Carpenter Joiner, bench joiner
Carpenters and joiners make and install wooden structures, fittings and furniture.
1. Entry requirements
Employers usually look for some on-site experience and qualifications. You could start as a joiner's 'mate' or labourer to get site experience. Once working, your employer may offer you training on the job.
You could take a college course in carpentry and joinery to gain some of the knowledge and practical skills needed to improve your chances of finding work in the industry.
You could get into this job through an apprenticeship.
You'll need a Construction Skills Certification Scheme (CSCS) card to work on a building site.
Go Construct has more information about building careers and training.
2. Skills required
- to be able to follow technical drawings and plans
- maths skills to calculate quantities and angles
- the ability to pay close attention to detail and make accurate measurements
3. What you'll do
You’ll work as an employee or a self-employed contractor for large and small construction companies. You may work on a construction site, a client’s premises, or in your own workshop.
Depending on where you work, your day-to-day tasks may include:
- discussing plans and following instructions
- cutting and shaping timber for floorboards, doors, skirting boards and window frames
- making and fitting wooden structures like staircases, door frames, roof timbers and partition walls
- making and assembling fitted and free-standing furniture
- installing kitchens, cupboards and shelving
- building temporary wooden supports to hold setting concrete in place (shuttering)
- making and fitting interiors in shops, bars, restaurants, offices and public buildings
- constructing stage sets for theatre, film and TV productions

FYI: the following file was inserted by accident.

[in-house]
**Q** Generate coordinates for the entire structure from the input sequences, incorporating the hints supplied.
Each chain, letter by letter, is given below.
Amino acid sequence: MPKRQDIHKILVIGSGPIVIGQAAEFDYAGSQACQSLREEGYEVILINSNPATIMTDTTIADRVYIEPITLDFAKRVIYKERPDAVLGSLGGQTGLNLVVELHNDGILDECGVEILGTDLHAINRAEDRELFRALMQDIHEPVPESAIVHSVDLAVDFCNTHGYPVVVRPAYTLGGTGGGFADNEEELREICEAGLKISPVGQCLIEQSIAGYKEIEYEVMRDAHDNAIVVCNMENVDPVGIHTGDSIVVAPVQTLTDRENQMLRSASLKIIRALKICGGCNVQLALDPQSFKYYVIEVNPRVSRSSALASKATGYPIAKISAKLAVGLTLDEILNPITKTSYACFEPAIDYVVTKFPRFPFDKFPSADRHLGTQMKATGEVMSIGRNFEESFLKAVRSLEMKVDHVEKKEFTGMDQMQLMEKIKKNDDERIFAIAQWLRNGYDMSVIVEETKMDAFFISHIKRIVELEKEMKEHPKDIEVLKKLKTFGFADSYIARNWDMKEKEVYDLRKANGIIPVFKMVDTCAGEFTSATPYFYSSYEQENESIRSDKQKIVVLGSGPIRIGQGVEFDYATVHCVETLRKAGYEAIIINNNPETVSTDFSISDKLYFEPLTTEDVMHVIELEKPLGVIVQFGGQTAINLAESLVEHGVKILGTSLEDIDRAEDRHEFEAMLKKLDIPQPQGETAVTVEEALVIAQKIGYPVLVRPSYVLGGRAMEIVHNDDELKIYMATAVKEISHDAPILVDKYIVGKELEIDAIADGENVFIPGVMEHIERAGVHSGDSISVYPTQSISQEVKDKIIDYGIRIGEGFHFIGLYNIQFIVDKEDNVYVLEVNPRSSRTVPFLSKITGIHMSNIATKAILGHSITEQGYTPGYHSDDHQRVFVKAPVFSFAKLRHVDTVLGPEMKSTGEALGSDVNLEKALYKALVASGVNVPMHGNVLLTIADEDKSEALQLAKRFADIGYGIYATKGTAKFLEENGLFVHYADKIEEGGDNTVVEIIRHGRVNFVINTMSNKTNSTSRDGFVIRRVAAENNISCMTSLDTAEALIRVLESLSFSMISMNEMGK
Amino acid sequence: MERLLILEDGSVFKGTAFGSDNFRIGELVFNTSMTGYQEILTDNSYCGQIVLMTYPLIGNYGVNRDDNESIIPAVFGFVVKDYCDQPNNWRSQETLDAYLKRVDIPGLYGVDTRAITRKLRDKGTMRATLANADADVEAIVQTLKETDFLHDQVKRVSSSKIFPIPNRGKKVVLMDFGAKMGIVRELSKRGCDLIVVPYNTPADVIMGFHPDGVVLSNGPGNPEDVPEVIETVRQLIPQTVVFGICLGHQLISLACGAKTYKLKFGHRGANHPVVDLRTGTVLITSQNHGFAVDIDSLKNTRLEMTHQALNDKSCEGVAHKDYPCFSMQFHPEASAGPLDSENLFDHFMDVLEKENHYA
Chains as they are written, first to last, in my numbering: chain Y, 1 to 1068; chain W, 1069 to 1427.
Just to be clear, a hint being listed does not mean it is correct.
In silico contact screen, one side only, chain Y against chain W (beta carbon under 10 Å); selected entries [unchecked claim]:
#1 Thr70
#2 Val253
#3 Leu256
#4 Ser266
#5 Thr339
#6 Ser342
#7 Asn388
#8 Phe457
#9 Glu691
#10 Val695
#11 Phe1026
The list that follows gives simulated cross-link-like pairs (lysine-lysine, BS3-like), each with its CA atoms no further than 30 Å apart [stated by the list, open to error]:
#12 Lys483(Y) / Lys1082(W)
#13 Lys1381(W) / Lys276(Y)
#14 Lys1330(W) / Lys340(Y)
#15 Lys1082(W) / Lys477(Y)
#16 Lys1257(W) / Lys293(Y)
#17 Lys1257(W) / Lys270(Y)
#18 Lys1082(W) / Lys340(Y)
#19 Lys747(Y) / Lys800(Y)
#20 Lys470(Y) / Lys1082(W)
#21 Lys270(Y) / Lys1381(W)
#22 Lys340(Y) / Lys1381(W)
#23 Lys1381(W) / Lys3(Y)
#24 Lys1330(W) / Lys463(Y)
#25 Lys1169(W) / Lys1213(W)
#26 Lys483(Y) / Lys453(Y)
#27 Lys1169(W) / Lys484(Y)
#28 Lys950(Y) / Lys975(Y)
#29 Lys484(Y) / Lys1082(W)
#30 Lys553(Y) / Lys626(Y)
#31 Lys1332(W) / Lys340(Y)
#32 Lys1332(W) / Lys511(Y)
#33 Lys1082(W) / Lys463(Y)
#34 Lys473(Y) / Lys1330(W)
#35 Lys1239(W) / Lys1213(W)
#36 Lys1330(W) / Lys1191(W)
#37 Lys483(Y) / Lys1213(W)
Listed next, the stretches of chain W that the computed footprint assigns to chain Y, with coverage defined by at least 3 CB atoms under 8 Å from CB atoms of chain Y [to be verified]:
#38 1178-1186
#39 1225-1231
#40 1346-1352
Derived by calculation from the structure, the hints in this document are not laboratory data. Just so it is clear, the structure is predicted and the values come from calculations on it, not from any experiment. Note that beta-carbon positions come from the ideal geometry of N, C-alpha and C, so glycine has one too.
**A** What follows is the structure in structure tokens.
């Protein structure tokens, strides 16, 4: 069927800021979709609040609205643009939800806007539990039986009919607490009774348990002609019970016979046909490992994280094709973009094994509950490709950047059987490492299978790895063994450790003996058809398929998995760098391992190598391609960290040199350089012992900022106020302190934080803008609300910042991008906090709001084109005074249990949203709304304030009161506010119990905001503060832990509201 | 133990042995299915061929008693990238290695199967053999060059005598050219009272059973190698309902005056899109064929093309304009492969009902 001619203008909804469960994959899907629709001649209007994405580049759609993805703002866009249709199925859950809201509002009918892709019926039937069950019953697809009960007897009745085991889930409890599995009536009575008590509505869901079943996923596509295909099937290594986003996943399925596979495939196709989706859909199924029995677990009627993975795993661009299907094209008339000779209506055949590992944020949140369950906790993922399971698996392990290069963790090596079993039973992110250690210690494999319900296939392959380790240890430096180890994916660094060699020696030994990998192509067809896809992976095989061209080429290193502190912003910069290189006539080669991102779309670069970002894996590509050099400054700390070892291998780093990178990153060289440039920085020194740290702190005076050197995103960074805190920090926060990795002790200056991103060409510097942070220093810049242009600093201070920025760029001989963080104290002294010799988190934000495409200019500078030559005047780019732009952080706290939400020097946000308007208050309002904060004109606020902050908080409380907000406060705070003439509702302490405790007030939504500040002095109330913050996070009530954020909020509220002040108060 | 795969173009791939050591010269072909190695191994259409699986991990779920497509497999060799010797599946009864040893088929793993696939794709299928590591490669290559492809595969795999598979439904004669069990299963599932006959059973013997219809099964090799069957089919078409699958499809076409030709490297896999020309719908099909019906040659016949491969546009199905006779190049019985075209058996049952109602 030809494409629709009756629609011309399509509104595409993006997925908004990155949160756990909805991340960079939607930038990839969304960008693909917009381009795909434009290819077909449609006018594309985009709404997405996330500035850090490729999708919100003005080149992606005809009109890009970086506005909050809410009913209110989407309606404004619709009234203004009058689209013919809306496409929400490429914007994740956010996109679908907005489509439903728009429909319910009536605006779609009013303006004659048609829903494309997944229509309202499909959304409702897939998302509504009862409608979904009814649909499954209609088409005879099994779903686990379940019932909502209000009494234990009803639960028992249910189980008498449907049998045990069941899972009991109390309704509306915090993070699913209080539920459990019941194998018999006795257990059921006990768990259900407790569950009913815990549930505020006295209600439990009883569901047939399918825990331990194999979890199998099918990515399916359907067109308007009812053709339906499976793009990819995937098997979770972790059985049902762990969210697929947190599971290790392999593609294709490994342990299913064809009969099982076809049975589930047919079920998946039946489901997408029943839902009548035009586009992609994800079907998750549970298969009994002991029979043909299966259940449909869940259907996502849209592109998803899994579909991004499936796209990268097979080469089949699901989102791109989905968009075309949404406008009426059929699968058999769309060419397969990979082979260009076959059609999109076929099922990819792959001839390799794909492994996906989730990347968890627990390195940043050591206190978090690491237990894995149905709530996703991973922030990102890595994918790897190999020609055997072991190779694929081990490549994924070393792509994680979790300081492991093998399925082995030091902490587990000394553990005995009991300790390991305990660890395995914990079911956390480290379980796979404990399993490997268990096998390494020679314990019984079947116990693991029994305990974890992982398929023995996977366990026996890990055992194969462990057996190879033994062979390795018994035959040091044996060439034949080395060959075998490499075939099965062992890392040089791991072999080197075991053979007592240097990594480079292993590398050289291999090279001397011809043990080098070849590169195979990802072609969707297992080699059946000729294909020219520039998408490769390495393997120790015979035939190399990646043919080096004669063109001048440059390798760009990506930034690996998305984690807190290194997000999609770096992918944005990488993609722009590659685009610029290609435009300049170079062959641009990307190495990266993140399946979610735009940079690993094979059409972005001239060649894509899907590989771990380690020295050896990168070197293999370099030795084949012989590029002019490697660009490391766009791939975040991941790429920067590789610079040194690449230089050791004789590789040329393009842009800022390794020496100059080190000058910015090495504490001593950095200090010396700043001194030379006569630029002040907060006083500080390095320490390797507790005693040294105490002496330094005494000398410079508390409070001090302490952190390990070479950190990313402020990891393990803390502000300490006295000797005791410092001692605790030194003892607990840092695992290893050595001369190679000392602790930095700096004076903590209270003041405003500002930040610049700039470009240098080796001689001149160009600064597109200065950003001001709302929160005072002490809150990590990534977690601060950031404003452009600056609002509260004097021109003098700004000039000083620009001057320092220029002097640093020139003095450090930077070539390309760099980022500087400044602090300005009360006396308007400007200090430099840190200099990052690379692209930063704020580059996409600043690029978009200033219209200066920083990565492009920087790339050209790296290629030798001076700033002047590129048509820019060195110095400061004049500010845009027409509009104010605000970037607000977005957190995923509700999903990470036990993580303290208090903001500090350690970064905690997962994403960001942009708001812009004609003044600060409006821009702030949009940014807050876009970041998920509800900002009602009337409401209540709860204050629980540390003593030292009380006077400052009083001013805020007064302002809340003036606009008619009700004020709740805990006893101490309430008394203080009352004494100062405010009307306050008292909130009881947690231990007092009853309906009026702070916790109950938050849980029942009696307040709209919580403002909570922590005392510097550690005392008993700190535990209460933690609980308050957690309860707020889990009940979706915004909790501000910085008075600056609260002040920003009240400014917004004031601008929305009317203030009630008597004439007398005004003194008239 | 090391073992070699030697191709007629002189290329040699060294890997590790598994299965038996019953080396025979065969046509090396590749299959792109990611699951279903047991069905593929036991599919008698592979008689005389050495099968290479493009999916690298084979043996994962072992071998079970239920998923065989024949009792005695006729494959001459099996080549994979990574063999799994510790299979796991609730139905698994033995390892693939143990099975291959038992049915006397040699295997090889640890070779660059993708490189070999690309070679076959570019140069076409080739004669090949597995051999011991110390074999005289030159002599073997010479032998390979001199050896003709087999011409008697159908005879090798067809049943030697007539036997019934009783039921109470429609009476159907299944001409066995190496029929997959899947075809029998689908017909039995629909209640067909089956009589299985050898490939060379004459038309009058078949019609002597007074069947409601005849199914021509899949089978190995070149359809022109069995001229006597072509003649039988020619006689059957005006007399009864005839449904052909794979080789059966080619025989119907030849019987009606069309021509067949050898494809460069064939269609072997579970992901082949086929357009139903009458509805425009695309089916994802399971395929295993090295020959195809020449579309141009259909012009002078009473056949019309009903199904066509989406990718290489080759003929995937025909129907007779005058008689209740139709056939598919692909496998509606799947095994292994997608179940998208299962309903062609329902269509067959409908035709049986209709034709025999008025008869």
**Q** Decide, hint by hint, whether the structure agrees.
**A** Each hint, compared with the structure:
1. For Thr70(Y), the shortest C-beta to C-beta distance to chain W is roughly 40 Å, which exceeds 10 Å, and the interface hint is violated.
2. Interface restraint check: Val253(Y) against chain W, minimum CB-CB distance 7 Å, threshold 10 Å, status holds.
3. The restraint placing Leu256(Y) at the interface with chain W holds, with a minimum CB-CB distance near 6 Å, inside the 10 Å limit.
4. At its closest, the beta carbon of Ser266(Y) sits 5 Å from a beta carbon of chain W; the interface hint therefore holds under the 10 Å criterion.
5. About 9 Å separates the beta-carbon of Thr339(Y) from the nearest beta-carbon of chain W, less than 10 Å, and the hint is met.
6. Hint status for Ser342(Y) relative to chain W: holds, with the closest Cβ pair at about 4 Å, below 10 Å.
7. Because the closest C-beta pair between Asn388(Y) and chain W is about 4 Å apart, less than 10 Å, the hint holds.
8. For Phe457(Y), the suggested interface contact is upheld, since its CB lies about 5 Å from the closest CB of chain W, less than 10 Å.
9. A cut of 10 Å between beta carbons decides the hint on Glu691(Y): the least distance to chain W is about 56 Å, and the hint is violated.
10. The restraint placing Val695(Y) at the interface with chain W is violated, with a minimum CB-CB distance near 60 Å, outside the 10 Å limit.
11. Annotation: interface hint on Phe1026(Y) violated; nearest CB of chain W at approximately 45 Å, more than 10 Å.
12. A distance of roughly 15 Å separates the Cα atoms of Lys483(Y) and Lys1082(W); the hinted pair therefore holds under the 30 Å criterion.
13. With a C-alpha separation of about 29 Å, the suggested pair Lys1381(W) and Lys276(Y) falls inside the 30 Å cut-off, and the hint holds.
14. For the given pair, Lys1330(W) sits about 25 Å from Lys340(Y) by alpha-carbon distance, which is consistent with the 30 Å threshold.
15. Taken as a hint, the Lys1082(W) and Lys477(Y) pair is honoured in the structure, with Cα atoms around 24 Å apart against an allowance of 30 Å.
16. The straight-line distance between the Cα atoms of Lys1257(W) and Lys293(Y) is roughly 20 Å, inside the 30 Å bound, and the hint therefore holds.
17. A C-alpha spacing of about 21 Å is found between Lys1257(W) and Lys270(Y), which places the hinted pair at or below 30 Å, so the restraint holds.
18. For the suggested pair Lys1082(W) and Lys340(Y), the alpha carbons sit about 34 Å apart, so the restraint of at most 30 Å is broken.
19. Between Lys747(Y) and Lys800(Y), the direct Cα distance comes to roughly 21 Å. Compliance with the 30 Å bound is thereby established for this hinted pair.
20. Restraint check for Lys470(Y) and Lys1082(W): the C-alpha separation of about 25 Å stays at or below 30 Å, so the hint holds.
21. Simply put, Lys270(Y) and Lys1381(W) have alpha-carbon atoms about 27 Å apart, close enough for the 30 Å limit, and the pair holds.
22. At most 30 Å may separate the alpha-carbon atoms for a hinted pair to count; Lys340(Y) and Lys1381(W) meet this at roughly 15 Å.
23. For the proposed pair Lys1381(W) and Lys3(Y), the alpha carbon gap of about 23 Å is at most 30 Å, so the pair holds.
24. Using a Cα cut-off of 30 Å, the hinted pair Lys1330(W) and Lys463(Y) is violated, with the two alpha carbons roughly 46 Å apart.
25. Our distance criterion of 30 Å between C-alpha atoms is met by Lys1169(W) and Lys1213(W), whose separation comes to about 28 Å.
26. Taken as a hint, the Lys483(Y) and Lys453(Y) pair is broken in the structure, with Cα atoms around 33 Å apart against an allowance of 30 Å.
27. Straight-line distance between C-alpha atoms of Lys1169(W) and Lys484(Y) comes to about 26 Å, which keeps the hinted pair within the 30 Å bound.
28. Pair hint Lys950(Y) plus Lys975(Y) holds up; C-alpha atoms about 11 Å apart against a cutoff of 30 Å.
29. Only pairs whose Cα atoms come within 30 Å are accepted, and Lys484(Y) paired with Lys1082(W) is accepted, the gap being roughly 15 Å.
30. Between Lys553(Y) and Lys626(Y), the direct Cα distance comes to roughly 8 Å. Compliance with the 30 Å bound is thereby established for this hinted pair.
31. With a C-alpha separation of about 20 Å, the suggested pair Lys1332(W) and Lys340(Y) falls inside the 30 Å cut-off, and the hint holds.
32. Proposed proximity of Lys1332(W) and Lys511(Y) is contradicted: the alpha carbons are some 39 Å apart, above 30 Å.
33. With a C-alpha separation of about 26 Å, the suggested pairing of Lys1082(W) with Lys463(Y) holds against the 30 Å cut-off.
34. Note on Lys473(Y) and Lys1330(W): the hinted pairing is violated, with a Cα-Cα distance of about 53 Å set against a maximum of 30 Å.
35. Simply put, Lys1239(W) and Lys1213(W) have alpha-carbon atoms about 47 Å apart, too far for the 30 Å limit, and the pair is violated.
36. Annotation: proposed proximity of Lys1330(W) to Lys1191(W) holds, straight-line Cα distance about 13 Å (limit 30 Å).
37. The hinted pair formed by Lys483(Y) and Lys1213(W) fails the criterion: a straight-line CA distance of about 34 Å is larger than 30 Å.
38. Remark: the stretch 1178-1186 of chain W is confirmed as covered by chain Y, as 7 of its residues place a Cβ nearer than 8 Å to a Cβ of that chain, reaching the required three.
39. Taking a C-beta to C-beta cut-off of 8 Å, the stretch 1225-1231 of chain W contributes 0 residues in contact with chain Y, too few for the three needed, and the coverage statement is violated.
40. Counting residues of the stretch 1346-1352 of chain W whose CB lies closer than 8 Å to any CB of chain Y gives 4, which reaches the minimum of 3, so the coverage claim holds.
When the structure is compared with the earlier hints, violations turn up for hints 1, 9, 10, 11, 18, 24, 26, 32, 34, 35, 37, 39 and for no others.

Starter: £16,000 to £24,000
Experienced: £25,000 to £40,000
Overtime and extra shift pay may increase your income. Self-employed carpenters and joiners set their own rates.
These figures are a guide.
5. Working hours, patterns and environment
You'll usually work 39 to 45 hours a week, Monday to Friday. You may need to work some weekends or evenings to meet construction deadlines.
This is a physically active job. You could work outdoors in all weathers, up ladders and on scaffolding or roofs. You could also work indoors where conditions could be dusty or cramped. You'll use protective equipment and clothing on all jobs.
You'll normally travel between sites, and you may need to work away from home at times.
You’ll need a full driving licence and may need your own van and tools.
6. Career path and progression
With experience, you could become a team leader or project manager.
You could also move into construction estimating and contracts management, or specialise in areas like stage sets or heritage restoration.
You could also start your own business or move into training.
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Last updated: 21 April 2017